WASHINGTON (Reuters) – U.S. President Donald Trump called Hurricane Irma “some big monster” as it battered the Florida coast, saying he wants to go to the state very soon and praising emergency officials for their efforts to protect people.
“The bad news is that this is some big monster,” Trump told reporters at the White House, saying damage from the storm would be very costly.
“Right now, we are worried about lives, not cost,” Trump said after returning from Camp David, the presidential retreat in Maryland where he monitored the storm and met with his Cabinet.
The path of the storm, tracking the west coast of Florida, meant it might be less destructive than it would otherwise have been, Trump said, noting the next five or six hours would be critical.
“I hope there aren’t too many people in the path,” he said. “You don’t want to be in that path.”
Trump said the U.S. Coast Guard had been heroic and that the Federal Emergency Management Agency was doing a good job to help coordinate the response with states. He added, however: “I think the hard part is now beginning.”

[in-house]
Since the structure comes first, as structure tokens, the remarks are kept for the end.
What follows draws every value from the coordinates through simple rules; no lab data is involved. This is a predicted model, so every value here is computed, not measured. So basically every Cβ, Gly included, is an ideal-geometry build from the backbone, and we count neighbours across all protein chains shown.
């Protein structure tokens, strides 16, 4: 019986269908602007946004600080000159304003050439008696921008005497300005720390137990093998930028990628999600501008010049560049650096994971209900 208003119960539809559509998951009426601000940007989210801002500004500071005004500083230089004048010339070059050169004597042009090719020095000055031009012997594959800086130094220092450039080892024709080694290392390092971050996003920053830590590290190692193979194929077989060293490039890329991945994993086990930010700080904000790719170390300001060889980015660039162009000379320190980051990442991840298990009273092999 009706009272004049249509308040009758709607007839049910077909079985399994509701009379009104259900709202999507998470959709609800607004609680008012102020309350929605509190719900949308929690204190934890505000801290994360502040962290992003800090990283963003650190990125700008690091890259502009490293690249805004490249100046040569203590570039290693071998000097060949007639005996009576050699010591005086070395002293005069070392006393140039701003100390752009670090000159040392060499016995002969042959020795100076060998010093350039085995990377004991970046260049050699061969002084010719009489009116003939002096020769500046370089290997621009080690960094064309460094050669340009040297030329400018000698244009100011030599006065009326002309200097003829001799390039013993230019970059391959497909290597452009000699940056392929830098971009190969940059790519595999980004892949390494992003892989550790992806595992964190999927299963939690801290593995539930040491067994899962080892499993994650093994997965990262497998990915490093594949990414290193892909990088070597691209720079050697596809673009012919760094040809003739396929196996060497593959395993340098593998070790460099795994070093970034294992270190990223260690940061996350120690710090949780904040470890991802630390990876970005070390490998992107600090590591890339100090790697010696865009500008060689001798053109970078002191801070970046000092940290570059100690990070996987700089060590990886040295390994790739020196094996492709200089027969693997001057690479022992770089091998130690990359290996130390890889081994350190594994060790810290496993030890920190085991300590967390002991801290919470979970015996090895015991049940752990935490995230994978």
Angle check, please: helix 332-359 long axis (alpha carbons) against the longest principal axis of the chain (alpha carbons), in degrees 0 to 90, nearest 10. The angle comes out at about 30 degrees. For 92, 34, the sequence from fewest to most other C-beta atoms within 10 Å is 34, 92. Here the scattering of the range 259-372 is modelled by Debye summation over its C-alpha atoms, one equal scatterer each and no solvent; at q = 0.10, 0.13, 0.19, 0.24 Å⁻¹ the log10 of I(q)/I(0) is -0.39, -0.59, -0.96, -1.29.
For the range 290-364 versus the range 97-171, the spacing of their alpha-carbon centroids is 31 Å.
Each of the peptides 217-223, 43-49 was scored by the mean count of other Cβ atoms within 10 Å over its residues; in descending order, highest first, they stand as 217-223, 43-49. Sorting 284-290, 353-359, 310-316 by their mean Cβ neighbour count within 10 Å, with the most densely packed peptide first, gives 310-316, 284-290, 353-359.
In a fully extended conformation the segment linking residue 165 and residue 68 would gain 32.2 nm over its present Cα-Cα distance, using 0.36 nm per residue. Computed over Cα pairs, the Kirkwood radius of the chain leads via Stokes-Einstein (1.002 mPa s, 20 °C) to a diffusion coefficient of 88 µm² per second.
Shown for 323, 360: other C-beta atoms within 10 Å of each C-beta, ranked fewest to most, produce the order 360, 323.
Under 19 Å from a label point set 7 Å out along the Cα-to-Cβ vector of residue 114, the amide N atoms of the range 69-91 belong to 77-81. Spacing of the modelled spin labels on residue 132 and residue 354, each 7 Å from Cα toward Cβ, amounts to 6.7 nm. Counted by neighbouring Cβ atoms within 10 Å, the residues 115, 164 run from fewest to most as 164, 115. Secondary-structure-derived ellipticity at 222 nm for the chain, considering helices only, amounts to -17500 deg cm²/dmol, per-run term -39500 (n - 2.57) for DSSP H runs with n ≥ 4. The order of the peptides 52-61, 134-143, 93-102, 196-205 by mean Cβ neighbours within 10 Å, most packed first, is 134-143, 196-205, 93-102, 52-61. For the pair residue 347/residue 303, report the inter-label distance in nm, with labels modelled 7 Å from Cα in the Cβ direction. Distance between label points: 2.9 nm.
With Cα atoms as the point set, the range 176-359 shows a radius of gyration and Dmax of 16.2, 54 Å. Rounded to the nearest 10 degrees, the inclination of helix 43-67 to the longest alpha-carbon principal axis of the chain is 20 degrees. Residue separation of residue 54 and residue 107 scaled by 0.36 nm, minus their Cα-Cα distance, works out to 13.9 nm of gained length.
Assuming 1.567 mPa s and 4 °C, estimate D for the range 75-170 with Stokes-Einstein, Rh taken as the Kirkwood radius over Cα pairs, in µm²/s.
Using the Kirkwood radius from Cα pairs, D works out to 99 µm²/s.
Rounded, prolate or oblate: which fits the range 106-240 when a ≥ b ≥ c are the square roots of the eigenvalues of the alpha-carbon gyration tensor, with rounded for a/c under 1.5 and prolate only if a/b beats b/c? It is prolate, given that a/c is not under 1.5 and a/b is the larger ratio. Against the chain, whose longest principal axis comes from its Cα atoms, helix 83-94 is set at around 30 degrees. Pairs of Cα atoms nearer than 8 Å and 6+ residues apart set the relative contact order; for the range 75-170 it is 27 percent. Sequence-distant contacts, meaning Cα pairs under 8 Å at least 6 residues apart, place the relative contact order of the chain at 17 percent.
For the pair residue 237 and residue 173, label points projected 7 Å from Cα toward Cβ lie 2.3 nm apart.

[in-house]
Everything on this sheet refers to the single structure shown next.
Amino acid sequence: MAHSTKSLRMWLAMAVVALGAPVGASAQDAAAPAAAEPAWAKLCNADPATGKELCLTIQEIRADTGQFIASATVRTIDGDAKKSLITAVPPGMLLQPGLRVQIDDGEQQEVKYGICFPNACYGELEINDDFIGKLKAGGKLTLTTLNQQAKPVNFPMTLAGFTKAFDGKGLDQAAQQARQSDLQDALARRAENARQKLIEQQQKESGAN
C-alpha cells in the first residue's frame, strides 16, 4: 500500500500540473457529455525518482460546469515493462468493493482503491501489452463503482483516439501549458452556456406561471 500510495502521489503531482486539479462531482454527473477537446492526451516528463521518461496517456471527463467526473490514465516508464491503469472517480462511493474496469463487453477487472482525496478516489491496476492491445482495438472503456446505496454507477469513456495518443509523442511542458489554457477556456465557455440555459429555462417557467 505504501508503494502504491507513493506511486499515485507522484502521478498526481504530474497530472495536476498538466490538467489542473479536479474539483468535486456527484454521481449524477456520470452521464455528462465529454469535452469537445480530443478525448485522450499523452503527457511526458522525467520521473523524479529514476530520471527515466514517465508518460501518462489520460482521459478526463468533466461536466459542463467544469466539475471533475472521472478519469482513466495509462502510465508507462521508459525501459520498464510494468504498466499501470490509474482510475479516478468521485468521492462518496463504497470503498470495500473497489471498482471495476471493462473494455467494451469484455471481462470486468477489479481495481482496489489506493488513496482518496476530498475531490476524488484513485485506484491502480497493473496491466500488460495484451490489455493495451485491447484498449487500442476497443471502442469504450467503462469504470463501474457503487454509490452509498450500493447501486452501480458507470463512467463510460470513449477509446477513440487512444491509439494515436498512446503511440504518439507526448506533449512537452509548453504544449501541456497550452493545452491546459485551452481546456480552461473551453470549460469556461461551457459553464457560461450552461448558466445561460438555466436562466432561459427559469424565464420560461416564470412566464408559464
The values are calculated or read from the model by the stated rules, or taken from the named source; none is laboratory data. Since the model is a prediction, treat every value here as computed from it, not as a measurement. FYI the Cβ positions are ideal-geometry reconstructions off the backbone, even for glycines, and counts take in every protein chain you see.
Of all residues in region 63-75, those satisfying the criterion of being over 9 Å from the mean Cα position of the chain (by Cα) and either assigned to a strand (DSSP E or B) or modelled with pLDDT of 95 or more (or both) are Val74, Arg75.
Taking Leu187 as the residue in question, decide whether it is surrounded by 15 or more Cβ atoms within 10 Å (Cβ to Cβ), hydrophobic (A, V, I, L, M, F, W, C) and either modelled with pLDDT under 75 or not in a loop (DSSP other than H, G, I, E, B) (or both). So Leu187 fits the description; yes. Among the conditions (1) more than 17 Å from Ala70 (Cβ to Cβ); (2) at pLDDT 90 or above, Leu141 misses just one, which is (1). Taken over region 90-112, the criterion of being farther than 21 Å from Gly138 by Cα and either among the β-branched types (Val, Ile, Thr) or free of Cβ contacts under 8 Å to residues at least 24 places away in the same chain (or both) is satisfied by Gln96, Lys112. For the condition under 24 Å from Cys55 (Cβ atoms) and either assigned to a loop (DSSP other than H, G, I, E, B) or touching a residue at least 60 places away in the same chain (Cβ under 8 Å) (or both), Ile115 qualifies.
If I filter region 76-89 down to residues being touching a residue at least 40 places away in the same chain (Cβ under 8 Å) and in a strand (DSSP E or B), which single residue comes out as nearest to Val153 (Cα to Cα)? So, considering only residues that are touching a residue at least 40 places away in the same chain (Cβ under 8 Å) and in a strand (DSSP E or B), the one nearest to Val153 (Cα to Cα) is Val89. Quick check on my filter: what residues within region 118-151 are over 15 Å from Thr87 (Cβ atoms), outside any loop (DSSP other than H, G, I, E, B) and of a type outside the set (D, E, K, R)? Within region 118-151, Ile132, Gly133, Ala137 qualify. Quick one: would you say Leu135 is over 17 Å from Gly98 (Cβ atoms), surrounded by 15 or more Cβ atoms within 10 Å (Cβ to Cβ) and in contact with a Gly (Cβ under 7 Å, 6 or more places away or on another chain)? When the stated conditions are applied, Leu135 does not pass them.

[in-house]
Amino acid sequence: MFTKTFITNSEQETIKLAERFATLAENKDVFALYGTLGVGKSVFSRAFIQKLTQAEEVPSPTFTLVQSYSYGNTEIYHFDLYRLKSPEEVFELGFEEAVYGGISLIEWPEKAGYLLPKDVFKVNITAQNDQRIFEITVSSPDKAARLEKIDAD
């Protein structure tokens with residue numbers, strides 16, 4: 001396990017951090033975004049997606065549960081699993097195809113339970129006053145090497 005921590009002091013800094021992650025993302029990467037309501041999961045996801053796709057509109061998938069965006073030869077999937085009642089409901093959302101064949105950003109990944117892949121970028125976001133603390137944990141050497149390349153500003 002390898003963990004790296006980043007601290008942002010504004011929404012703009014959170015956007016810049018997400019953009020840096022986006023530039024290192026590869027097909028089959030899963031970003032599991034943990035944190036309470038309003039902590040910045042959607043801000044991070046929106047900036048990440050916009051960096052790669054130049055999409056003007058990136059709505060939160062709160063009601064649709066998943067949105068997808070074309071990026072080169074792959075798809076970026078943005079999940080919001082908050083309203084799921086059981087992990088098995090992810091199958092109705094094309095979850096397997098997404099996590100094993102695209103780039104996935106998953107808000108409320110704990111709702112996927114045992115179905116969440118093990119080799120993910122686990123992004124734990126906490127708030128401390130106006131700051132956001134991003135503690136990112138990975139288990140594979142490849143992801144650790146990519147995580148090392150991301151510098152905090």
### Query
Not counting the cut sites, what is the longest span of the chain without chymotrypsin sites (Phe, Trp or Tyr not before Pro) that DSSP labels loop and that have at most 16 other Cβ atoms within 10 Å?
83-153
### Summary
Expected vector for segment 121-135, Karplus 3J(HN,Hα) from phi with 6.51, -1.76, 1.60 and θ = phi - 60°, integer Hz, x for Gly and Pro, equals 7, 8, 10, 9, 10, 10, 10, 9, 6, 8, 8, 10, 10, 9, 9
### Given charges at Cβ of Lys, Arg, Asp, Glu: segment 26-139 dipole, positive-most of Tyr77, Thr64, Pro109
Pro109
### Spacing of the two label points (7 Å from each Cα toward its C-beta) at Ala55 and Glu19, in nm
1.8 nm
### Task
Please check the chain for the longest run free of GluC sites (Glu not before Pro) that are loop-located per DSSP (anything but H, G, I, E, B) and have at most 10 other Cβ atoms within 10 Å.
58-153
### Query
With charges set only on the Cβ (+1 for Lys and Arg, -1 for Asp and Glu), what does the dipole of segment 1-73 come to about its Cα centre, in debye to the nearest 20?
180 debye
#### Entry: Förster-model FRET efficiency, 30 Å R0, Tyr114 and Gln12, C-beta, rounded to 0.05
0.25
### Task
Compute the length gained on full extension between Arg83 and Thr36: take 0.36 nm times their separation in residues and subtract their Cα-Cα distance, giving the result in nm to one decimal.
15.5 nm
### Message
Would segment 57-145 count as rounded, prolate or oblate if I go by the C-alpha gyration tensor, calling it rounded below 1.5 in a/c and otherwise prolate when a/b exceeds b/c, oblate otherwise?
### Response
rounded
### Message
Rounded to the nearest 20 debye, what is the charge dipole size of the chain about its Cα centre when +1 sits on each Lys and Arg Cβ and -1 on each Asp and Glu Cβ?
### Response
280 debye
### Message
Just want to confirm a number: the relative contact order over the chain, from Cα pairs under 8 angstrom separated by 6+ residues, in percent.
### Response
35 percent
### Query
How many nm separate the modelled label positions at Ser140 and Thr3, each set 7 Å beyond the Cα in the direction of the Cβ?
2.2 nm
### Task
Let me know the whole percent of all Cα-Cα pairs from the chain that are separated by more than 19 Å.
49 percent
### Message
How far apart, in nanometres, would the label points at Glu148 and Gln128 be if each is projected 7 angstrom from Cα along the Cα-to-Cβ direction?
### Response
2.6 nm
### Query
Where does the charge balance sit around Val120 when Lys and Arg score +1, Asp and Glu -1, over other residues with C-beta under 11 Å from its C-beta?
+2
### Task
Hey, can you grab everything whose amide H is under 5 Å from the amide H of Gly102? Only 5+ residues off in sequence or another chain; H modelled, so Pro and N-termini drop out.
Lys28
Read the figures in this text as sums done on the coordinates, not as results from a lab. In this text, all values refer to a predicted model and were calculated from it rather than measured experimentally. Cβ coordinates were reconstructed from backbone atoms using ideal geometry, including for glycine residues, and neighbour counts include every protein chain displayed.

Trump has offered the full resources of the federal government to Florida and the affected states, Vice President Mike Pence told reporters during a visit to FEMA’s Washington headquarters on Sunday.
“Wherever Hurricane Irma goes, we’ll be there first,” Pence said. “We’ll be there with resources and support, both to save lives and to help to recover and rebuild these states and these communities.”
On Sunday, Trump also issued a disaster declaration for Puerto Rico, and expanded federal funds available to the U.S. Virgin Islands in the aftermath of Irma, the White House said.
Trump owns a resort in Palm Beach, Florida, where he has often traveled during his presidency, as well as three golf courses in the state.
He told reporters he hoped to travel to the state soon.
“We’re going to Florida very soon,” Trump said.
Reporting by Roberta Rampton, Doina Chiacu, Sarah N. Lynch and Steve Holland; Editing by Jeffrey Benkoe and Lisa Von Ahn